People were generally respectful of my experience as a survivor, but I was told repeatedly that my views had little grounding in fact, because I knew nothing about guns or gun culture. So, a few years ago, I got my Class A Large Capacity license in Massachusetts and bought a couple of handguns. I’d hunted as a kid and am a Navy vet of Vietnam vintage, so guns weren’t new to me. What surprised me was the fact that I found shooting therapeutic. I was mastering the instrument of my suffering.

Recently I published a piece in the New York Times about the idea, proposed by Secretary of Education Betsy DeVos, that arming teachers would reduce school shootings. In this article I proposed to look into the matter of how much training it would take to transform an average gun owner such as myself (or a teacher or a rabbi with my level of skill) into someone capable of reacting instinctively and flawlessly to an active shooter situation. I was, in essence, trying to imagine myself in the library where my son had been killed. How much training would I have needed to save him?

The answer, of course, was “a hell of a lot.” In short order I became convinced that, instead of training teachers and rabbis to shoot like special forces operatives, it would be wiser and more humane if we could train special forces operatives to be teachers and rabbis.

My article was well-received by the people who already agreed with it. But unexpectedly, this writing project carried me to a place in my 26-year survivor’s “journey” that I could never have imagined.

As research for the article, I began taking lessons in defensive handgun use. By the time it was published, I had become engrossed in the training. I saw how complex and physically challenging tactical defensive shooting could be – like learning ballet or gymnastics but with lethal implications. Given my history, I was surprised at myself for being so interested in this intense and specialized activity.

Then the real surprise came along.

I’d been working away with my Ruger LC9s and my Sig Sauer P229, but I was having some difficulty with the way each gun fit the task. The Ruger felt too jumpy and small, and that first pull on the DA/SA Sig was a bitch. To make matters worse, I have small hands and I’m left handed. Sometimes it felt as if the guns were working against me.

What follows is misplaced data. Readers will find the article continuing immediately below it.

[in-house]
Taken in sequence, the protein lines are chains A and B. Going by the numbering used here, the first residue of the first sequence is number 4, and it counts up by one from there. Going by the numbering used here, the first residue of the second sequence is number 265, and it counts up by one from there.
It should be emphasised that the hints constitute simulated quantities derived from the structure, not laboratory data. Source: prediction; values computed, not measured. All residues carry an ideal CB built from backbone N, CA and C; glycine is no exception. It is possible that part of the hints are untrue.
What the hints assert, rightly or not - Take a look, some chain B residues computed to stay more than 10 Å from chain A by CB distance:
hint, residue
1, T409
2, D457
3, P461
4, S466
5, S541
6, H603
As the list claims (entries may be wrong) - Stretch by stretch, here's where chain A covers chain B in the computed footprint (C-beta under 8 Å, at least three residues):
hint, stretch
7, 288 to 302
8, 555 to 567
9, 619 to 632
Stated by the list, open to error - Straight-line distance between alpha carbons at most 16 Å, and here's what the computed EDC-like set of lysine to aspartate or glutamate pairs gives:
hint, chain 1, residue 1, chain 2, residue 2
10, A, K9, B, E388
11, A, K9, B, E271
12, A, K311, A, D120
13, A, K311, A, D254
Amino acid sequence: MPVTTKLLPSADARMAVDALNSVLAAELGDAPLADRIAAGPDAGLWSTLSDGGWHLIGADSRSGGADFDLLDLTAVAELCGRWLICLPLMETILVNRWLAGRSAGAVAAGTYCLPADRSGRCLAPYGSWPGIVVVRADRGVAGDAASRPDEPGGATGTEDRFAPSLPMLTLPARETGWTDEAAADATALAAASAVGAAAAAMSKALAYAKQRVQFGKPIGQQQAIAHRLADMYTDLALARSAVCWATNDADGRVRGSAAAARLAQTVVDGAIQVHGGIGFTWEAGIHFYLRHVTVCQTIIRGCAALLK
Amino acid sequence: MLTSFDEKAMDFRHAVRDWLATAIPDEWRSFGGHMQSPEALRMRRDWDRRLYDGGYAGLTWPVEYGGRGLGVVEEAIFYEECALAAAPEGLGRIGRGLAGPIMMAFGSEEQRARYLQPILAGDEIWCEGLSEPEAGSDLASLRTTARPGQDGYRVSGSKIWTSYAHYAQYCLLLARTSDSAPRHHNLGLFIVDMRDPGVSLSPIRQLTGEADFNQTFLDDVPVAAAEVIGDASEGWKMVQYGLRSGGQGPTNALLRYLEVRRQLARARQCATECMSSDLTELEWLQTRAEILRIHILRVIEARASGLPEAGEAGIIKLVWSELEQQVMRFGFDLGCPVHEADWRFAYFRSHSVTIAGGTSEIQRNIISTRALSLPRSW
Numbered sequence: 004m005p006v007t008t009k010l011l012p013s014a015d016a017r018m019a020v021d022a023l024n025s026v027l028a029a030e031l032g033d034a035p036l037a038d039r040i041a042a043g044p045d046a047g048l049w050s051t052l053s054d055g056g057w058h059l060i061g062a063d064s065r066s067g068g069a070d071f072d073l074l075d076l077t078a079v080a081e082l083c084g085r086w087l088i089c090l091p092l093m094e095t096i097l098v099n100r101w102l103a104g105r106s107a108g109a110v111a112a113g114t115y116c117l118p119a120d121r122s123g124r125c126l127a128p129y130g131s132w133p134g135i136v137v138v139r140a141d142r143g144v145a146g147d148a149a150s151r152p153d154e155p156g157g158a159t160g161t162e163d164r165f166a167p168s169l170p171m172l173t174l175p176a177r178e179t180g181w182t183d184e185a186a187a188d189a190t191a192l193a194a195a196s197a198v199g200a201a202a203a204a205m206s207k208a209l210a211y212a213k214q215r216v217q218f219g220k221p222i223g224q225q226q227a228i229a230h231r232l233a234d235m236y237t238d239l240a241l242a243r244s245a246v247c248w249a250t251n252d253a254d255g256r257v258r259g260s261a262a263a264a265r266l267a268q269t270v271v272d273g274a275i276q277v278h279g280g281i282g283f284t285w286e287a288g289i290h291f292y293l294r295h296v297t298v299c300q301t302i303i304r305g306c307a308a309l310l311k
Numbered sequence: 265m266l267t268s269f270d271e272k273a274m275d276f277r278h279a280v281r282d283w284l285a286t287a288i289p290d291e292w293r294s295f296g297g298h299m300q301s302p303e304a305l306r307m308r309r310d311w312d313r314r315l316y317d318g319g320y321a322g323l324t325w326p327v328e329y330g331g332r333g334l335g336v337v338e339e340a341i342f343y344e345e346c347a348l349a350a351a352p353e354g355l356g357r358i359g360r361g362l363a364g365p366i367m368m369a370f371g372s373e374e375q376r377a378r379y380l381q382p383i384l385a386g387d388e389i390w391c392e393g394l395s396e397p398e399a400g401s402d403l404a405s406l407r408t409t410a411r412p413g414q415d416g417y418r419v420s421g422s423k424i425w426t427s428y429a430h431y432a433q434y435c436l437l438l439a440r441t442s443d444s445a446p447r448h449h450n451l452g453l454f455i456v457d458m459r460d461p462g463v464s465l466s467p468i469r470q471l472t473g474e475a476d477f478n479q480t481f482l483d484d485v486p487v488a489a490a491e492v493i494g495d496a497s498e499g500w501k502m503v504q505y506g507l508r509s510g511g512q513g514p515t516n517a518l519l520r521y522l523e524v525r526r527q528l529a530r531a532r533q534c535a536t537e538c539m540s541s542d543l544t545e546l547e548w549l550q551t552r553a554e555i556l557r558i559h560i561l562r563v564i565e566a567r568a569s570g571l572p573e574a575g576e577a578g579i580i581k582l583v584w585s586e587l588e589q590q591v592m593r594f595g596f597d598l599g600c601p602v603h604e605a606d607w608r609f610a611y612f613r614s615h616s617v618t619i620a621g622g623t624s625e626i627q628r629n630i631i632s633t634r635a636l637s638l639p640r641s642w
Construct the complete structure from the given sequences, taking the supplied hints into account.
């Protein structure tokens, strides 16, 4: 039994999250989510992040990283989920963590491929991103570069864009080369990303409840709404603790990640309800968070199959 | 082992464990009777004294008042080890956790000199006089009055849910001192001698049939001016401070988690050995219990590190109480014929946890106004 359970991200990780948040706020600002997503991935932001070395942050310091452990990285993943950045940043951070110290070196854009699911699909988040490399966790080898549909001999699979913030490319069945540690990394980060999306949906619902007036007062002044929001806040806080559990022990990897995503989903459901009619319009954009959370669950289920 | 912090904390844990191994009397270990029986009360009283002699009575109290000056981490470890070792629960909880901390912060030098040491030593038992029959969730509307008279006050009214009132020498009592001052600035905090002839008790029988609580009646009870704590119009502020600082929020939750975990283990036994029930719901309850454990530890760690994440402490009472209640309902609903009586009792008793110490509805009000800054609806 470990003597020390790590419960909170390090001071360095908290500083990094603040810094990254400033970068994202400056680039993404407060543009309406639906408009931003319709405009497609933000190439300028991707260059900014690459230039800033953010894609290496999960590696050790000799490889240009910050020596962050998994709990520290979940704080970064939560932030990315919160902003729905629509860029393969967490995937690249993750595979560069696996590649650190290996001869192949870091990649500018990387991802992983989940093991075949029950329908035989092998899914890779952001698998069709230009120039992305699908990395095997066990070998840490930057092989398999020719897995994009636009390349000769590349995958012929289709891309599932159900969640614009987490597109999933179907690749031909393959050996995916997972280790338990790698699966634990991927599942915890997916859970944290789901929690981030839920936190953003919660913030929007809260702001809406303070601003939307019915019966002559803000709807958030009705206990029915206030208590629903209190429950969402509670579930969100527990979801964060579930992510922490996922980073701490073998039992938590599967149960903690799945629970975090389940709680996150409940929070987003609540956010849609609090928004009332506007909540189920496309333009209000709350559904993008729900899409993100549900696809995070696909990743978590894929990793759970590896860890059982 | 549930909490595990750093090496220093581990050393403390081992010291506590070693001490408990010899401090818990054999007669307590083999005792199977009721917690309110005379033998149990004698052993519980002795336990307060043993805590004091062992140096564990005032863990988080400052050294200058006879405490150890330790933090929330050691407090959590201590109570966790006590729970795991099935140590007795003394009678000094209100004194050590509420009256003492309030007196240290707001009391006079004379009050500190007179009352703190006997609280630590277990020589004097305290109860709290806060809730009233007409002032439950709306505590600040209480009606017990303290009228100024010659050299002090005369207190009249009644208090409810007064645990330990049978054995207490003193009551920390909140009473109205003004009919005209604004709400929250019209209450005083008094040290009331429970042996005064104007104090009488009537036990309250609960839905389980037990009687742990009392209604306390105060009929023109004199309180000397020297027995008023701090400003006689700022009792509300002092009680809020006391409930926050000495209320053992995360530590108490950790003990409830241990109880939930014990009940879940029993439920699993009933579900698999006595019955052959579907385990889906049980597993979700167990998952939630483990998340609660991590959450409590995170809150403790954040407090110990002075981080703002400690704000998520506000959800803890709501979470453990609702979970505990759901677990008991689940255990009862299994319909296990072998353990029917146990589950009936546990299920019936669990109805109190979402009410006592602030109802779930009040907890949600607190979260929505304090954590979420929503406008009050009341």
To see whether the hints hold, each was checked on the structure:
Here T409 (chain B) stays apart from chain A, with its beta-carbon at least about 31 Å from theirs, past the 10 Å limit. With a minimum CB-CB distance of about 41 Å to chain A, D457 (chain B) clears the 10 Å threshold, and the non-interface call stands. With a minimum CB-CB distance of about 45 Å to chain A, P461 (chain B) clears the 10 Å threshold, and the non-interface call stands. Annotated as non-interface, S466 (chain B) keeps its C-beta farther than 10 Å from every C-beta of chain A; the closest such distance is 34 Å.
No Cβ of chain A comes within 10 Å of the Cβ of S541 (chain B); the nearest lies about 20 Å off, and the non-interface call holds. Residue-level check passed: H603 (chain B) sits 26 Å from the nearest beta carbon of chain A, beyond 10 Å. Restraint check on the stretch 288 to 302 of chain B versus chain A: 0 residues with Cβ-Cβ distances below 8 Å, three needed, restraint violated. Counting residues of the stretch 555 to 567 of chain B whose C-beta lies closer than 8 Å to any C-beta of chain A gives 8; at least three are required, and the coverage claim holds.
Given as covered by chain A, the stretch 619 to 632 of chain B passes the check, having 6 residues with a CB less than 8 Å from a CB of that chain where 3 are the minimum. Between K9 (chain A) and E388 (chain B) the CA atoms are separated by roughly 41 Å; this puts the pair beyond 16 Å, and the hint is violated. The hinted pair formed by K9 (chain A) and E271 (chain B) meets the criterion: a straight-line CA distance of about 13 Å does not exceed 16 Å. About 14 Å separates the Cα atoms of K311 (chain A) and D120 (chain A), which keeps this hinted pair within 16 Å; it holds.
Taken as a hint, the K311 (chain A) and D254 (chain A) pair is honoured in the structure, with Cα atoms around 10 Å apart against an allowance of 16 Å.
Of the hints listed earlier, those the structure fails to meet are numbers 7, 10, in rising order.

Toward the end of the fourth session my instructor, who’d been steadfastly encouraging me through my difficulties, went inside his big black bag and came out with a pistol, a little smaller than my 229. “Try this,” he said. “It’s striker fired. It’s simpler to operate, and it’s ambidextrous. You can work the slide release and safety with either hand, and you can turn the mag release around to work lefty.” He put the gun in my hand and suddenly my hand was happy. I took a few shots – nice trigger action, comfortable to hold and shoot. “Wow. What is this thing?” It was a Sig P320. I took a few more shots, and then I didn’t want to give it back to him. For the rest of that afternoon and all that evening, I kept remembering how right it had felt to hold and shoot that gun.

If you’re reading this essay, you’ve probably had a similar experience. You find a gun that just feels right. But I’m a gun control advocate and a survivor of gun violence. It wasn’t supposed to be happening to me.

The next day I took my Ruger and my 229 down to my local gun shop and swapped them for a Sig Sauer P320C 9 mm. and a couple of boxes of shells. I drove home happy, feeling as if I’d satisfied a deep need or sorted out a troubling situation.

My training has gone smoothly since then. I’ve learned to extract the pistol from its appendix holster, put rounds in the target, clear a jam, and swap out magazines without posing a danger to myself or others. Soon I’ll be moving and shooting. My instructor says I’ll get faster and smoother. He says it’s all about establishing good habits and repeating them until they become muscle memory. I know I’ll never achieve the proficiency of those guys in the You Tube demos, but that’s all right. I’ve already had a remarkable and unexpected turn in my “journey.” I’ve had a romance with a pistol.

Will I continue to advocate for sensible gun laws and better education about gun safety, mental health and situational awareness? You bet! But I’ll be coming in on these issues from a slightly different angle now.

 

 

 

Should Social Media Play A Role In Letting People Own Guns?